TET4180 Electric Power System Stability
An electrical power system consists of many individual elements connected together to form a large, complex system capable of generating, transmitting, distributing and consuming electrical energy over a large geographical area. Because of this interconnection of elements, a large variety of dynamic interactions are possible.
Traditionally electrical machines (generators and loads) were the components that mostly contributed to the dynamic performance. With the penetration of power electronics in the power system other components (shunt/series compensation and load flow controllers) also require a dynamic representation in system studies.
The new controllable components make it possible to increase utilization and to stabilize the system. However due to new generation resources and other new components, the complexity of the studies increases. With the trend of enhanced utilization of the transmission system, a deeper understanding of the models is required.
The increasing number of system disturbances and blackouts in 2003 and later has shown the importance of system dynamic studies and need for a complete overview. These incidents showed that even though margins appeared to be significant, serious blackouts may occur due to elements not accounted for ( "moose test").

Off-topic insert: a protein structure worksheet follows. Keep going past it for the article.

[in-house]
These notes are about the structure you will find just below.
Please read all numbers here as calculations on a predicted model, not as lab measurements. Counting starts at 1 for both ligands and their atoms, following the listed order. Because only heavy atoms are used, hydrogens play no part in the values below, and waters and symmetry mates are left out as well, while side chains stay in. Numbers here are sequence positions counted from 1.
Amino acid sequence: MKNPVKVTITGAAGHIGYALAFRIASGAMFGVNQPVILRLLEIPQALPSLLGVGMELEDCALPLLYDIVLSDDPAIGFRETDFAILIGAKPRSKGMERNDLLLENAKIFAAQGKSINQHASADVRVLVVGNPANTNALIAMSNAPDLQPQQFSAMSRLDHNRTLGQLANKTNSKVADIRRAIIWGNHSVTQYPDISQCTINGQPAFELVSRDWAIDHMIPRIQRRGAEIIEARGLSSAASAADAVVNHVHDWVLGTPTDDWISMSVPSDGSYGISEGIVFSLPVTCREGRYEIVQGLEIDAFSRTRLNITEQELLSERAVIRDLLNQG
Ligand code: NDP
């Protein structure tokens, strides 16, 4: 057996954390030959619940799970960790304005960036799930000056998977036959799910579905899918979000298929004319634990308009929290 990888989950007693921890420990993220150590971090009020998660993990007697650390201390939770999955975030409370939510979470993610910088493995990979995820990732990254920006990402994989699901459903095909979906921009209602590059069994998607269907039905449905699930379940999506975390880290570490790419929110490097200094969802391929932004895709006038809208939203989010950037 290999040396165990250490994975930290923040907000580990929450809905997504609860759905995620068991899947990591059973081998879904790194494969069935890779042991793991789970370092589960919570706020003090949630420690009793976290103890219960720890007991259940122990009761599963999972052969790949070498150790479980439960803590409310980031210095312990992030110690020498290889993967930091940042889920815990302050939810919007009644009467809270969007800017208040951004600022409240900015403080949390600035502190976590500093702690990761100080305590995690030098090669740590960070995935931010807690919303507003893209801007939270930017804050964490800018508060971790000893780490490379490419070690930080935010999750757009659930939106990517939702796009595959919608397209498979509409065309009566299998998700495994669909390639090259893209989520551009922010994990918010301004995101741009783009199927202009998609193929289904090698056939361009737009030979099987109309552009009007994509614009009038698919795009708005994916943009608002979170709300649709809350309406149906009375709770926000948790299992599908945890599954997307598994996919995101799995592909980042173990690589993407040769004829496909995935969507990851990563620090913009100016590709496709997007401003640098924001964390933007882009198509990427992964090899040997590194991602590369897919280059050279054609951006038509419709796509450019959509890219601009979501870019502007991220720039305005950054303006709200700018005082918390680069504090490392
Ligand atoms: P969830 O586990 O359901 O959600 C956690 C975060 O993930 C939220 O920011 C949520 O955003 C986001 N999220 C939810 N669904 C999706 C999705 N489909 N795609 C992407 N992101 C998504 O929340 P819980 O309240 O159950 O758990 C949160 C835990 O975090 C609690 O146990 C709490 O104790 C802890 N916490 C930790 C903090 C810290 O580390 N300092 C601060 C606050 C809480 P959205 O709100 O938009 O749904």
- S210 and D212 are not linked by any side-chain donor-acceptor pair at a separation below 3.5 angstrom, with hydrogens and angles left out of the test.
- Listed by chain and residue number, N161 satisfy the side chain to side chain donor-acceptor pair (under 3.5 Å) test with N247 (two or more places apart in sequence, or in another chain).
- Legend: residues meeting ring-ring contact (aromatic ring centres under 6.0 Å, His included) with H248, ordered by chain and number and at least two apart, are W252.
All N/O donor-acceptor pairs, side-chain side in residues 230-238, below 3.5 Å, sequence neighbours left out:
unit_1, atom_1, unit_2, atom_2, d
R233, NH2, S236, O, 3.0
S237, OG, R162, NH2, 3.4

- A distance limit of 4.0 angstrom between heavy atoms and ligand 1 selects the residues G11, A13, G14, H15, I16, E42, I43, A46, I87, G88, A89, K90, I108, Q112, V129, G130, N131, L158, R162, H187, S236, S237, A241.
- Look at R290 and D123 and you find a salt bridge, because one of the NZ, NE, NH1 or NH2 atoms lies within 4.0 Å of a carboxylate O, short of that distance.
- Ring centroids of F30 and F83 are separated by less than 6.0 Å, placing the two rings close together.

Stability is a condition of equilibrium between opposing forces. The mechanism by which interconnected synchronous machines maintain synchronism with one another is through restoring forces. An instable situation may be detected by one or more variables such as generator speed or voltage grows outside the acceptable limits as time is going – the Stability is a condition of equilibrium between opposing forces. The mechanism by which interconnected synchronous machines maintain synchronism with one another is through restoring forces. An instable situation may be detected by one or more variables such as generator speed or voltage grows outside the acceptable limits as time is going – the system is running away.
This course gives you basic understanding of the power system dynamics and how its components interact. It focuses on the physical aspects supported by mathematics, but will also show fundamental principles of system dynamic studies. Interest for power systems overview, electrical machines and control engineering is an advantage.
The course aims to give basic knowledge about the dynamic mechanisms behind angle stability problems in electric power systems, including physical phenomena, modelling issues and simulations.
The course starts with an overview of the power system and the stability problem. Then learning about the components that makes the system, you will able to understand the lessons about electromagnetic and electromechanical phenomena taking place around the synchronous generator. Small system equivalents will be treated analytically to understand the physical behaviour before working on large systems using a computer simulation program (SIMPOW) . Frequency variations and control of system frequency will also be lectured.
- Introduction – course overview
- Power system components
- The power system in steady-state
- Electromagnetic phenomena
- Electromechanical dynamics
- Small and large disturbances
- Frequency variations
- Stability enhancement (overview)
- Advanced power system modelling
- Steady-state stability of multi-machine systems
- Lecture notes
- Written assignments and computer programs